A Comparison Of Lives Between Martha Ballard And Benjamin Franklin

1404 words - 6 pages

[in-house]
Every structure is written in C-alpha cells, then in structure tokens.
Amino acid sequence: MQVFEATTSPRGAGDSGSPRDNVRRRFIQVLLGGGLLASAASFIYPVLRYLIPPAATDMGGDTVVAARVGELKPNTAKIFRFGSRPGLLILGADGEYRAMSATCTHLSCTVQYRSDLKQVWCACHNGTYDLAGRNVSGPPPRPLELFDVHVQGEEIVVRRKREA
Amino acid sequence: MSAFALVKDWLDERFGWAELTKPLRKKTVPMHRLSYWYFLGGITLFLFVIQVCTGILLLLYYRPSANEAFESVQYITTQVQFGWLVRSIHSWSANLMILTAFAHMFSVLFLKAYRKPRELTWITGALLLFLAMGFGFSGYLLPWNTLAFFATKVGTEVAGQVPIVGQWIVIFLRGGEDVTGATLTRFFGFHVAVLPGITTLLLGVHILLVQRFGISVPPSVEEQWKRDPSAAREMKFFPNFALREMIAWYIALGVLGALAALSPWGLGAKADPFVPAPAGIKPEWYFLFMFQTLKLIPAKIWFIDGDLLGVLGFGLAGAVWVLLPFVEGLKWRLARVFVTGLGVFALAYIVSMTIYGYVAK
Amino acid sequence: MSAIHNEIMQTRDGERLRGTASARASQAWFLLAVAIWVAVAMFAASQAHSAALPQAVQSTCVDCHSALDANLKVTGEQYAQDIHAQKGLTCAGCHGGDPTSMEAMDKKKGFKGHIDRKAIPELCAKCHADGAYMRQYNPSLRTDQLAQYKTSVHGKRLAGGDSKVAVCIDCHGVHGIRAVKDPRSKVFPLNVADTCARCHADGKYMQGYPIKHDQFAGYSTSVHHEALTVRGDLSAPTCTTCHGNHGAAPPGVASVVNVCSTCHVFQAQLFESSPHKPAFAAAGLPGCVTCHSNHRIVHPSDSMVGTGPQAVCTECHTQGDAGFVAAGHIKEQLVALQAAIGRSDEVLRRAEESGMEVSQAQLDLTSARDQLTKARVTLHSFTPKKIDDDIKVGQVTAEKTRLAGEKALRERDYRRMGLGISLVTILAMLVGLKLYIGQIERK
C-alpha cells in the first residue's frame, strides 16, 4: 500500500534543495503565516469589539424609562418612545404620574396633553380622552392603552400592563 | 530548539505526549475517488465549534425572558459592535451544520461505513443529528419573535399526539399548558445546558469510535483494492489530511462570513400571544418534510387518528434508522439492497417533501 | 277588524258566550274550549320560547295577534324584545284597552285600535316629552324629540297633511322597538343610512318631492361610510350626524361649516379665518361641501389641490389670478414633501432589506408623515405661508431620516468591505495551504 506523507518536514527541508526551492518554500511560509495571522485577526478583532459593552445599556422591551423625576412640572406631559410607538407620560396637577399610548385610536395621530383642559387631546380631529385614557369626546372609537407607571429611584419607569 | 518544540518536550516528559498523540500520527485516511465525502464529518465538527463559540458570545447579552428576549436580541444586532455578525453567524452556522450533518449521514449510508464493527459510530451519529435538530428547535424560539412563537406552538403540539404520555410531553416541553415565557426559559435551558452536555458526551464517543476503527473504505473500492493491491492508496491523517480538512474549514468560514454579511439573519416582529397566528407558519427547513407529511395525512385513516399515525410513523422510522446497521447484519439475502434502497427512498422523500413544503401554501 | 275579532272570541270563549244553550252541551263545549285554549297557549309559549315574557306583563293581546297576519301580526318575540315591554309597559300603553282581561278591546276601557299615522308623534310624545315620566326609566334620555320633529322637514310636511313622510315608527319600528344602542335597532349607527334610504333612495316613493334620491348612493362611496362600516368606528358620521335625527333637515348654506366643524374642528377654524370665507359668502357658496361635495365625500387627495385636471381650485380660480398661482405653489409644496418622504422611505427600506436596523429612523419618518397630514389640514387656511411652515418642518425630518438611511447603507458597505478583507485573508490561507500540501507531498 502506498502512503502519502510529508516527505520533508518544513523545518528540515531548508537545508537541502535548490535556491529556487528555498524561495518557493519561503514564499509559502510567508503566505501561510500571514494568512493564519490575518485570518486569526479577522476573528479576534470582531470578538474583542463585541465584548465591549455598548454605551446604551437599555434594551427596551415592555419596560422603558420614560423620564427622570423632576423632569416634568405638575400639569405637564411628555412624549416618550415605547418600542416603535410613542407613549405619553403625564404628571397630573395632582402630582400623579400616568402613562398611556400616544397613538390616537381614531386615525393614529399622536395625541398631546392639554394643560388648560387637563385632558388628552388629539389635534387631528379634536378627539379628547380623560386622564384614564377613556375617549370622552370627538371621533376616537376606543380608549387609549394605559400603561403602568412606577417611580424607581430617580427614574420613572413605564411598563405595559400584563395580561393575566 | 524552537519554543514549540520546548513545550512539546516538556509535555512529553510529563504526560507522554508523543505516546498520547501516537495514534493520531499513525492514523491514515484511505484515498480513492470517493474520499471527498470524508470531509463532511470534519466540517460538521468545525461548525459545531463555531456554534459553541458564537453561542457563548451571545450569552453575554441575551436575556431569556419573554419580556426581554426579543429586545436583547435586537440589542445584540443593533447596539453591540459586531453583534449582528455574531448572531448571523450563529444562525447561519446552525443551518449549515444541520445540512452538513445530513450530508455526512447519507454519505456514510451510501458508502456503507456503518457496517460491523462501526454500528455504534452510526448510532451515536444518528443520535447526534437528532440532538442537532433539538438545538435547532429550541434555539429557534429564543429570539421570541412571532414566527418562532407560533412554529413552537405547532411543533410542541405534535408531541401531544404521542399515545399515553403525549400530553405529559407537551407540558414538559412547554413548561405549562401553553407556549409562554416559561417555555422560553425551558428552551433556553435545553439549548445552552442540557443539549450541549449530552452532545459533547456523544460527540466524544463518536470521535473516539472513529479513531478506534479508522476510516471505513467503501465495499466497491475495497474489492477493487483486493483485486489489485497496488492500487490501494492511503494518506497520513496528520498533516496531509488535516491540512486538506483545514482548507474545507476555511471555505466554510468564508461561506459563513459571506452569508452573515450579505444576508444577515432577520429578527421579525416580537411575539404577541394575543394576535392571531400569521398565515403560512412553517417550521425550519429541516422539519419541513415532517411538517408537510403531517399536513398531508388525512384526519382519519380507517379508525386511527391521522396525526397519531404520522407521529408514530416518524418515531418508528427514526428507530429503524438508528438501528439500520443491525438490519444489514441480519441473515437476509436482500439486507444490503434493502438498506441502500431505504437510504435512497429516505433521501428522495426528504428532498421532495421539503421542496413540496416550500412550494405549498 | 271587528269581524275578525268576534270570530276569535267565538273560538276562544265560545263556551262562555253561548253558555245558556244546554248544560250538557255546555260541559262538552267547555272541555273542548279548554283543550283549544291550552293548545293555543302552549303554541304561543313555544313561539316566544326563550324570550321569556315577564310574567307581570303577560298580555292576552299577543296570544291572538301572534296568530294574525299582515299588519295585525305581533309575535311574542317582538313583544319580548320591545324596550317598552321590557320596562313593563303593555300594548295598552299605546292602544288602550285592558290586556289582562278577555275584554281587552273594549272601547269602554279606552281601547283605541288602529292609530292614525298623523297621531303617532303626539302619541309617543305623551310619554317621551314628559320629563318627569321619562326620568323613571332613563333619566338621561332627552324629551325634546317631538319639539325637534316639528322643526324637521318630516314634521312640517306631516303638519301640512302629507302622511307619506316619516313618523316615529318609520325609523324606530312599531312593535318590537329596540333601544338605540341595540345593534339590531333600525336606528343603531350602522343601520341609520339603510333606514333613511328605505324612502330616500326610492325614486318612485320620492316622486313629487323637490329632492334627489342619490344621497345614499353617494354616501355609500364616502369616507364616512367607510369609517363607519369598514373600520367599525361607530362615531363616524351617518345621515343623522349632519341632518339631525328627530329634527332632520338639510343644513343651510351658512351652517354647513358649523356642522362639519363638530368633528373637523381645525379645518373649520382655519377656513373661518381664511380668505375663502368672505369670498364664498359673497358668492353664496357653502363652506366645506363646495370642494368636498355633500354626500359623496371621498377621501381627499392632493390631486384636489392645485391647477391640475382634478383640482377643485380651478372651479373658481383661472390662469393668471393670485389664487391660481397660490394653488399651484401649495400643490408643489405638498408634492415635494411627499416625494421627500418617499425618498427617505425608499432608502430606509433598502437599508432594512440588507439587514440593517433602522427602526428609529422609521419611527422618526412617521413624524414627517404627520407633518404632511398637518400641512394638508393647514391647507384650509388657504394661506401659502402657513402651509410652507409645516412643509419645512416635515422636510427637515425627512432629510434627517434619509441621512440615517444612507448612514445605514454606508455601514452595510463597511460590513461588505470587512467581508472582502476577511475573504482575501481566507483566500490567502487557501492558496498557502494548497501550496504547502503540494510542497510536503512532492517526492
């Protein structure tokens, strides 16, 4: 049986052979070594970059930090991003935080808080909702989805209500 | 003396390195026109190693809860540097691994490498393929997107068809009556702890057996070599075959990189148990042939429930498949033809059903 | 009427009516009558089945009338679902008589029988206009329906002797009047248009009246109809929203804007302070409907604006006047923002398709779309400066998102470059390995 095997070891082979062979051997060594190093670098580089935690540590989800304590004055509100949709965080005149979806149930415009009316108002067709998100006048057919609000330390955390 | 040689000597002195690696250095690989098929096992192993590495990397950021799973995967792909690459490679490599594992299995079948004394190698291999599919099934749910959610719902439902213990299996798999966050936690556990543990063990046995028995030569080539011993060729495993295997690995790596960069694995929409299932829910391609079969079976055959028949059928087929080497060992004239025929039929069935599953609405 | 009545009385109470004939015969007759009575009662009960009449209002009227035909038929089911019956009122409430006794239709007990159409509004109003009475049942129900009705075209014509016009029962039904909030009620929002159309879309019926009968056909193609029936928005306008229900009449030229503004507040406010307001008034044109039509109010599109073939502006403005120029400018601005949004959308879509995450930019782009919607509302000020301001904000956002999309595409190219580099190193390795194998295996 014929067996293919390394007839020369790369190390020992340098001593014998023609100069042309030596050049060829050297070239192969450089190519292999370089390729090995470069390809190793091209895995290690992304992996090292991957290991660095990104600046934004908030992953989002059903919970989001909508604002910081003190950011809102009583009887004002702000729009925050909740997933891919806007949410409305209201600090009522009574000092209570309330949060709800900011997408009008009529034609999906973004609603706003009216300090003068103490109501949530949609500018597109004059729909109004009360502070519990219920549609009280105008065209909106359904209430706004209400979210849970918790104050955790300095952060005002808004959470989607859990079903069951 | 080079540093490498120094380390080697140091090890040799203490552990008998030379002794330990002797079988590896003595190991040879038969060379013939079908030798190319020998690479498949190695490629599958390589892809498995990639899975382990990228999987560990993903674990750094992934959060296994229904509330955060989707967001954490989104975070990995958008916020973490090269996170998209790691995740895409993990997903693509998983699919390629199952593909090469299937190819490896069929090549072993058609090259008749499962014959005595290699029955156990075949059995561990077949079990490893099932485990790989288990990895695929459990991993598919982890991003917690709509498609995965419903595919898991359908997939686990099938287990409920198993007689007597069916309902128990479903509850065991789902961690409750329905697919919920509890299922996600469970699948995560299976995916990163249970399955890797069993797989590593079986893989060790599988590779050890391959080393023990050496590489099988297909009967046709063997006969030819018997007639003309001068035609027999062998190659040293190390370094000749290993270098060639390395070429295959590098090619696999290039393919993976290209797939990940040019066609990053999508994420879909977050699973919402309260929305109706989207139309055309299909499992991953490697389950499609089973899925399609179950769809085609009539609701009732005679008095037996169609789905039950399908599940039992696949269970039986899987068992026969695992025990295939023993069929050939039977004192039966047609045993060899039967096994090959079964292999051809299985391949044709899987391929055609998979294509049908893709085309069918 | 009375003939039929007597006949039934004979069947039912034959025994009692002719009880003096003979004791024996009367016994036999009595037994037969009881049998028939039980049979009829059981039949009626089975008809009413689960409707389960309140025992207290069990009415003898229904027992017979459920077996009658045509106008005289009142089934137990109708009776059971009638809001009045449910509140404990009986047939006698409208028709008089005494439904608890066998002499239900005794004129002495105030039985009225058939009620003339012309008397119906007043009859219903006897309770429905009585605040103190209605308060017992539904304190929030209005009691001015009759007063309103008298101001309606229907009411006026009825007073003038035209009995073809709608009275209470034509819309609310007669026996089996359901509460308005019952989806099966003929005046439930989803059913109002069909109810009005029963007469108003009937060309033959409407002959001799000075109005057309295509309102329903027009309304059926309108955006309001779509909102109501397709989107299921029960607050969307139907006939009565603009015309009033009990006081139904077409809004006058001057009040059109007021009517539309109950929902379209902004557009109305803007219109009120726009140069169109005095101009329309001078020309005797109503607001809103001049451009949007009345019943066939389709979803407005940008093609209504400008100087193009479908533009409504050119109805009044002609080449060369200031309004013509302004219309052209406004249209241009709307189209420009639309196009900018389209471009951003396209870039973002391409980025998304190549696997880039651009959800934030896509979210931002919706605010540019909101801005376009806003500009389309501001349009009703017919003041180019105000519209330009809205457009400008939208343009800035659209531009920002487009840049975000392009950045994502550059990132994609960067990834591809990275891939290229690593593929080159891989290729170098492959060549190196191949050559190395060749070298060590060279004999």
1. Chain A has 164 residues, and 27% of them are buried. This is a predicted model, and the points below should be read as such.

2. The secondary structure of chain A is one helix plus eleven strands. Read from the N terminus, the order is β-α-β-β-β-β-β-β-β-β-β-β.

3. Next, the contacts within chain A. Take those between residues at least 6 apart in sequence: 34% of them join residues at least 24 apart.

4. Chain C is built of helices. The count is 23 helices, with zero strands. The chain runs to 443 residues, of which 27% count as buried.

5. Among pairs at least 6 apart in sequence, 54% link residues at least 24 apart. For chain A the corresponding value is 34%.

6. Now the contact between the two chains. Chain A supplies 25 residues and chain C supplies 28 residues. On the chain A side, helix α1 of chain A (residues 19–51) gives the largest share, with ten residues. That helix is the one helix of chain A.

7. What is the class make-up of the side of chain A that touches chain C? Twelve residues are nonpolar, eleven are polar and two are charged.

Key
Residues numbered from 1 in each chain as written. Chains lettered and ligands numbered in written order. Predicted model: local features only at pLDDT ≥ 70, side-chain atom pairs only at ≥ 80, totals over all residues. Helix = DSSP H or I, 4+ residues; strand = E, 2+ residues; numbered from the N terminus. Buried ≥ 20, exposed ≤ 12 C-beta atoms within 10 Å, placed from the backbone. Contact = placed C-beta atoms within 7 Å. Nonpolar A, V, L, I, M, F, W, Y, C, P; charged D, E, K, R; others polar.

Benjamin Franklin and Martha Ballard were two very different figures in American history. During the time of the American Revolution, Benjamin Franklin was known for his important contribution to the creation of the Declaration of Independence. Franklin's significance to the formation of the United States is a story that is told in countless sources of literature, including his own autobiography, The Autobiography of Benjamin Franklin. However, many people are unaware of his numerous other achievements. Martha Ballard was not the famous historical figure that Franklin was. She has become well-known through her diary, which was published into a novel entitled A Midwife's Tale. Ballard's life was much more "real" and ordinary than the life of Benjamin Franklin. While they both lived very separate lifestyles, their actions during their lifetime had huge impacts on the lives of others around them, and the lives of future generations. Benjamin Franklin is most well-known today as the man who signed the Declaration of Independence. However, he was more than simply a political figure. Another important contribution was his view of science. An avid observer of the world around him, Franklin had many profound thoughts about things that most people could not answer. He seemed to be able to grasp concepts that many people hadn't even acknowledged. His love of science stemmed from his tendency to always question things, always make realizations, and always try to improve what was already in front of him. For example, the time that it took to sail from Great Britain to America was generally two weeks shorter than sailing from America back to Great Britain. Franklin hypothesized that the wind was slowing down the ships heading towards the East. He then made the discovery that the ocean air was weaker near the Gulf Stream. His discovery allowed ships to sail back and forth using the most time-efficient route. Benjamin Franklin made other important scientific discoveries. Possibly the most significant was his discovery of electricity. Franklin realized that a pointed metal object could draw an electric spark farther away than a piece of metal with a dull end. Franklin also came up with the terms 'conductor' and 'non-conductor,' both of which are still used today. Franklin's discoveries helped the colonists in creating lightening rods, which were used on ships and taller buildings to prevent them from being struck with lightening. Franklin was also an avid inventor. He created the Franklin stove, in order to help the colonists preserve wood and their safety. His stove was made of iron, and it was less dangerous and burned less wood than the typical fireplace of the eighteenth century. Benjamin Franklin's contributions to science were very significant in the establishment of the New World. He also contributed to his home state of Pennsylvania. His contributions helped to improve the life for himself and his country. In 1727, Franklin created...

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